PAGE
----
Not long ago, I met a woman named Cara at Brooklyn’s Green-Wood Cemetery. She led me to a computer kiosk tucked under a big gothic archway at the main entrance. The computer allows you to browse the names and resting places of the 560,000 people buried in Green-Wood’s 478 acres. Cara entered a name into the search field—“Johansen, Mathias”—and pressed “locate.” A map appeared with a red square indicating general burial location. She zoomed in to a hand-drawn plan of subdivided lots. Lot 38325 was marked with a red “X.”
“He’s there, but we’ll have to walk up and down the rows to find him,” Cara said. A lot can contain dozens of residents, but the computer doesn’t pinpoint individual graves. So Cara sketched a map, then entered the next name on her list.
Cara doesn’t know anyone on that list. She’s a graver—someone who visits cemeteries for fun. (She asked me not to use her last name because she doesn’t want her employer to know how she spends her Saturdays.) The graving hobby encompasses a range of activities: There are tombstone tourists who plan vacations around the resting places of 1950s Hollywood stars and military gravers who track down the government-issue markers of fallen 101st Airborne soldiers. Genealogical gravers fill blank spots in their family tree with information gleaned from far-flung headstones. Preservationist gravers use bleach to clean mottle from 200-year-old markers. Many gravers just like to hang out in cemeteries and look at the stones.
The Web site Find a Grave is where gravers spend time when they’re not in cemeteries. It’s a sprawling database of more than 36 million burial records. Each record consists of a page where the living can enter a deceased’s name, biographical and genealogical details, and burial location. You can also leave comments and virtual flowers, and upload portraits or headstone photos. The database is searchable by cemetery, date of birth or death, and, if applicable, “claim to fame.” Think of Find a Grave as Facebook for the dead.
Like Facebook, Find a Grave is growing rapidly. According to Find a Grave founder Jim Tipton, 35,000 records are added every day. Tipton started the site in 1991 as a small directory of celebrity graves. Its ambitions have grown significantly since: The site’s FAQ page declares an intention to document the resting place of everyone who has died. “We’re gaining ground,” Tipton told me. Not quite: According to the U.S. Census Bureau, 155,131 people die every day worldwide.
The records on Find a Grave are added and managed by an army of volunteers. (Find a Grave has more than 500,000 registered users, though only a fraction of those are active.) Many contributors simply create records for their family members as an online memorial. But others add hundreds—even thousands—of records for complete strangers. They spend hours each week visiting cemeteries, photographing headstones, and entering data.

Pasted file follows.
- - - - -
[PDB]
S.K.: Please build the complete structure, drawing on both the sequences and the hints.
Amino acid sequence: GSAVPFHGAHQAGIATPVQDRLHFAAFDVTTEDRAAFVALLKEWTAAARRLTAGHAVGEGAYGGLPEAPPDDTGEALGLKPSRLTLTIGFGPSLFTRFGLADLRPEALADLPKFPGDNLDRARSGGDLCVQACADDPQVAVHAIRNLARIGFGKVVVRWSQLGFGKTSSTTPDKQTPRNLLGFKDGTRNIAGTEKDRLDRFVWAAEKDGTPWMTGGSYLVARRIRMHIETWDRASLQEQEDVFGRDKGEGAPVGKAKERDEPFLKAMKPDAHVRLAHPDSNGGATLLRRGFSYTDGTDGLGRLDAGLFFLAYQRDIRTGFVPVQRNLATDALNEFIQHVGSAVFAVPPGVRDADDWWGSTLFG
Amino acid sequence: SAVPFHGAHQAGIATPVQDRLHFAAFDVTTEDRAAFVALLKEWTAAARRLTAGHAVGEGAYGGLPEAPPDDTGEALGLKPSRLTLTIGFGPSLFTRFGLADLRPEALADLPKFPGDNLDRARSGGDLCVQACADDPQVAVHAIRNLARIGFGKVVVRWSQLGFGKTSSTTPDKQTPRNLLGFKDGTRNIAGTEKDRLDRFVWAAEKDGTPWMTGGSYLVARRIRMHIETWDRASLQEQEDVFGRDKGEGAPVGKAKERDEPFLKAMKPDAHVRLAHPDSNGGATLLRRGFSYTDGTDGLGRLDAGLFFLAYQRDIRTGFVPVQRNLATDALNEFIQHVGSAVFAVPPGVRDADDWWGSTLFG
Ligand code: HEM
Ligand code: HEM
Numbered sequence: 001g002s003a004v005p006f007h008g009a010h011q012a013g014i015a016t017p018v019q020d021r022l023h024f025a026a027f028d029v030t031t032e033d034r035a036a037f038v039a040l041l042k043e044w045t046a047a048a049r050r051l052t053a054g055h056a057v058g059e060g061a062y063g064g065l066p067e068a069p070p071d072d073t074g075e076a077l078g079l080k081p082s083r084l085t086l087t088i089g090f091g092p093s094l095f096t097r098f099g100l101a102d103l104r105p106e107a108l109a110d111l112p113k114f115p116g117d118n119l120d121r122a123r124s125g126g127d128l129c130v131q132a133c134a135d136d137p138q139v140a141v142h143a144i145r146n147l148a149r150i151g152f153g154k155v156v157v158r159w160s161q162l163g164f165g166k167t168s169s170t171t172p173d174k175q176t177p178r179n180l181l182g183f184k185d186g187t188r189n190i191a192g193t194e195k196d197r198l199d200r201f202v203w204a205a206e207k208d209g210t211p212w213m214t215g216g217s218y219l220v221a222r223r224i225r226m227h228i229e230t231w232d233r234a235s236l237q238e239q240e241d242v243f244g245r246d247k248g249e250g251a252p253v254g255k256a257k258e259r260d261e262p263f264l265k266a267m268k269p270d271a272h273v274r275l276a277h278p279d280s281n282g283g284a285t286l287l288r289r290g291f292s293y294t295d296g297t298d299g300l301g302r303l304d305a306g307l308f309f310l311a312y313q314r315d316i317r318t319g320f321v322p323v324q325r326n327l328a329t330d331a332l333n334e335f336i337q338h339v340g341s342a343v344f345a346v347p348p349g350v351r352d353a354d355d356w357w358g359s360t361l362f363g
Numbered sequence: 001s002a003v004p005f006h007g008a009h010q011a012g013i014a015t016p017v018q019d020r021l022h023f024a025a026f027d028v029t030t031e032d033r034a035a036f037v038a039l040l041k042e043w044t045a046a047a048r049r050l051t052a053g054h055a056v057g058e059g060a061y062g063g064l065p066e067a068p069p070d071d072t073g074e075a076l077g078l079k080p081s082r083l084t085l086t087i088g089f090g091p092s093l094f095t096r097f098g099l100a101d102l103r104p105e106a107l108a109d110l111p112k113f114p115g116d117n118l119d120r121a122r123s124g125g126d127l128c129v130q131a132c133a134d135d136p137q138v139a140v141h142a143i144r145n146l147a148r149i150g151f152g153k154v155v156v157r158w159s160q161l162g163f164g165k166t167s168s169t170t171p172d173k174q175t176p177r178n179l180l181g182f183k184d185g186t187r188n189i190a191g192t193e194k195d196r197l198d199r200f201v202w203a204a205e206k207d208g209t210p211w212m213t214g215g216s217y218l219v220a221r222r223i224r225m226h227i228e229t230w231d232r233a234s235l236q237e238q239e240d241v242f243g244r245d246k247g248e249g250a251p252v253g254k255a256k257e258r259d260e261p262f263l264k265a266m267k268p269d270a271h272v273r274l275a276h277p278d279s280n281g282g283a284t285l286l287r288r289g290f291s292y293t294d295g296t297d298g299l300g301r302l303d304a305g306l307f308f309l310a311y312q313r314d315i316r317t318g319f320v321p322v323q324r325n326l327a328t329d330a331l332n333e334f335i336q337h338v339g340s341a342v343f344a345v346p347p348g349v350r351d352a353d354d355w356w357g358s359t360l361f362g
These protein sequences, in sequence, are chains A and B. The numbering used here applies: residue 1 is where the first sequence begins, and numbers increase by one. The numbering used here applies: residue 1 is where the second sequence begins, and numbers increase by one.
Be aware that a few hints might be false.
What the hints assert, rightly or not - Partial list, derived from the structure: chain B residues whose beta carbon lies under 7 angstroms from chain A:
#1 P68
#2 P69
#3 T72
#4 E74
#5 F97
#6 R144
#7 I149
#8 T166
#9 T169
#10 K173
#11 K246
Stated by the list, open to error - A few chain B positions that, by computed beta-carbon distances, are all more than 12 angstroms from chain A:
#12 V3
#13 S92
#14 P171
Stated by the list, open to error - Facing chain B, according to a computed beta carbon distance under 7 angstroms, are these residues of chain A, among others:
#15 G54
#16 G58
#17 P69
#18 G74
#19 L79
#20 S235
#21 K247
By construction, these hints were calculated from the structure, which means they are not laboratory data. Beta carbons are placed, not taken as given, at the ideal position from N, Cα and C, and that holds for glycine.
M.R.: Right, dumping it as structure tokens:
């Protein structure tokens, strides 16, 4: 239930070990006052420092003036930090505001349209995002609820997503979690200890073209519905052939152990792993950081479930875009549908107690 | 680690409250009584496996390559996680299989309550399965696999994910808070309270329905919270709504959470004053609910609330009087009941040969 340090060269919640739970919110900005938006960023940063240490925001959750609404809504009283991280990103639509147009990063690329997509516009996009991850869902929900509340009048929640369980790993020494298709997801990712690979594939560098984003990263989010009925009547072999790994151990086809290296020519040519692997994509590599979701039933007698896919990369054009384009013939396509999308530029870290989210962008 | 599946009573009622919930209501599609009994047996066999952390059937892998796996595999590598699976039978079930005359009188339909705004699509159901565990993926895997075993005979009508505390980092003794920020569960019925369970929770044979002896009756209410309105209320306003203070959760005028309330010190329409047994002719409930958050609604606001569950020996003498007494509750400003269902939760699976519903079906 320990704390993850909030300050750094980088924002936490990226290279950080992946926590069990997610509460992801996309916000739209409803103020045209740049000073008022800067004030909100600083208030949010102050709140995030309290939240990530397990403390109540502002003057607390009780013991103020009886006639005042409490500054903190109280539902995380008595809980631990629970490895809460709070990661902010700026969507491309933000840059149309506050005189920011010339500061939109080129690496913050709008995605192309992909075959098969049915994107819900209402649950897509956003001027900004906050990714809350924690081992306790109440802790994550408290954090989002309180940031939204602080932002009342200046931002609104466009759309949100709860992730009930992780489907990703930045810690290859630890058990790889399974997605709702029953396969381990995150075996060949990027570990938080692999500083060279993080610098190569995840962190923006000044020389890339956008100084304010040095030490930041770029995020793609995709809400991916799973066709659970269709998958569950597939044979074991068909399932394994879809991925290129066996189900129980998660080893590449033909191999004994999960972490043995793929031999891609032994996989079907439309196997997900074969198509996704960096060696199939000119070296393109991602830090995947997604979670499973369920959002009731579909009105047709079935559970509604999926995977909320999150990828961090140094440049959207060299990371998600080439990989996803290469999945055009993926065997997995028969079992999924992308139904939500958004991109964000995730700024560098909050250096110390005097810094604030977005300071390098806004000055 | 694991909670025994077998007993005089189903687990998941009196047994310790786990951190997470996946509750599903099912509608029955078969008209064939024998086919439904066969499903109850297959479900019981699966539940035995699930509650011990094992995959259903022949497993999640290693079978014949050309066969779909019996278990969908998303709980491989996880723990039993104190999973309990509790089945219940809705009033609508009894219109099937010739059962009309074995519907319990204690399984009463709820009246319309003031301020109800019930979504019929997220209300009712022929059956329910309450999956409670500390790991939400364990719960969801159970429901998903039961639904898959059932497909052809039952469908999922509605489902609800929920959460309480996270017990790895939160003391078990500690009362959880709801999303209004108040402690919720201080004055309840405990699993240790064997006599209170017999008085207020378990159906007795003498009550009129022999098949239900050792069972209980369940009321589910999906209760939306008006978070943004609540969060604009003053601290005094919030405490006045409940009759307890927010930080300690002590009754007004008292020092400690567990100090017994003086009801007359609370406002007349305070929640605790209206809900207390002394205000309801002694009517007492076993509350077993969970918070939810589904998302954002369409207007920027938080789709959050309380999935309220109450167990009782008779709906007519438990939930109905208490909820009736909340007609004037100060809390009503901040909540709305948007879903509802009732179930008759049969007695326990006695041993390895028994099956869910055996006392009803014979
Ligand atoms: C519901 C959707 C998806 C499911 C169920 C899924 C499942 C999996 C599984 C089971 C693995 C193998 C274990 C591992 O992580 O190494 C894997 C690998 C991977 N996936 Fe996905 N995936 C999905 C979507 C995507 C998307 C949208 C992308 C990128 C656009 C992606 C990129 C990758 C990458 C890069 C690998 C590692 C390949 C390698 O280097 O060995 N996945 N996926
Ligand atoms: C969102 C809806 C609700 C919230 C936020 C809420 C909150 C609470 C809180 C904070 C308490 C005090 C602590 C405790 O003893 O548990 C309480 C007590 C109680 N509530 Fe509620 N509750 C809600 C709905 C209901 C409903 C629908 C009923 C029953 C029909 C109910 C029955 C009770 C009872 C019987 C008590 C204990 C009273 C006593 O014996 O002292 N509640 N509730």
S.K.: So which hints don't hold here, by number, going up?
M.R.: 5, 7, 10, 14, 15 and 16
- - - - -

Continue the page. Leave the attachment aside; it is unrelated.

These hard-core gravers have built a culture around documenting the dead. The bustling Find a Grave forums are filled with cemetery jokes, graving stories, and advice. In one thread, gravers discuss the practice of rubbing shaving cream on old graves to make worn lettering more legible (some argue it causes corrosion). In another thread, gravers show off the contents of their graving kits: kneepads, digital camera, notepad, calamine lotion (for poison ivy). After Michael Jackson died in June, a user with the handle Gravegirl1 posted, “Do you think his death has made it easier to discuss our hobby with people? Some people that I talk to don’t understand why I love visiting the graves of famous people. I just feel like Michael Jackson has made it more ‘socially acceptable’ to be a graver to the masses.”
There is a well-defined etiquette among the more serious Find a Grave contributors. The preferred method for creating a new record, if you don’t know the deceased personally, is to transcribe their headstone. This requires visiting a cemetery. “Ploppers”—users who haphazardly create records with information gleaned from strangers’ obituaries instead of their headstones—are looked down upon by the Find a Grave cognoscenti. Experienced gravers complain that ploppers invariably enter incorrect burial locations or biographical details and accuse them of caring more about the quantity of records they contribute than their quality.
I contacted Cara through the Find a Grave forums. When the weather’s nice, she spends every other weekend photographing headstones for the site and invited me to tag along for her trip to Green-Wood. I was expecting someone who spends so much time in cemeteries to be more macabre, but Cara is a vivacious, thirtysomething blond secretary, who wore oversize sunglasses and athletic shorts. “Usually I do it for the exercise, so I bring my iPod,” she said.
As she explained the plot-locating kiosk to me, the guard manning the gatehouse made his way over to us, and I started to get nervous—I’d read stories on the Find a Grave boards of gravers being harassed by suspicious cemetery employees. But Cara smiled and waved. “Hi, John,” she said. “So you got a helper today,” John replied, nodding at me. Later on, Cara explained to me that she’s told John she’s a student doing research, in order to justify her repeat visits and her photography, which is technically forbidden by Green-Wood to protect clients’ privacy. (In an e-mail, Ken Taylor, vice president of operations at Green-Wood, said, “While the photos posted on the find-a-grave site have not been authorized by Green-Wood, they are harmless.”)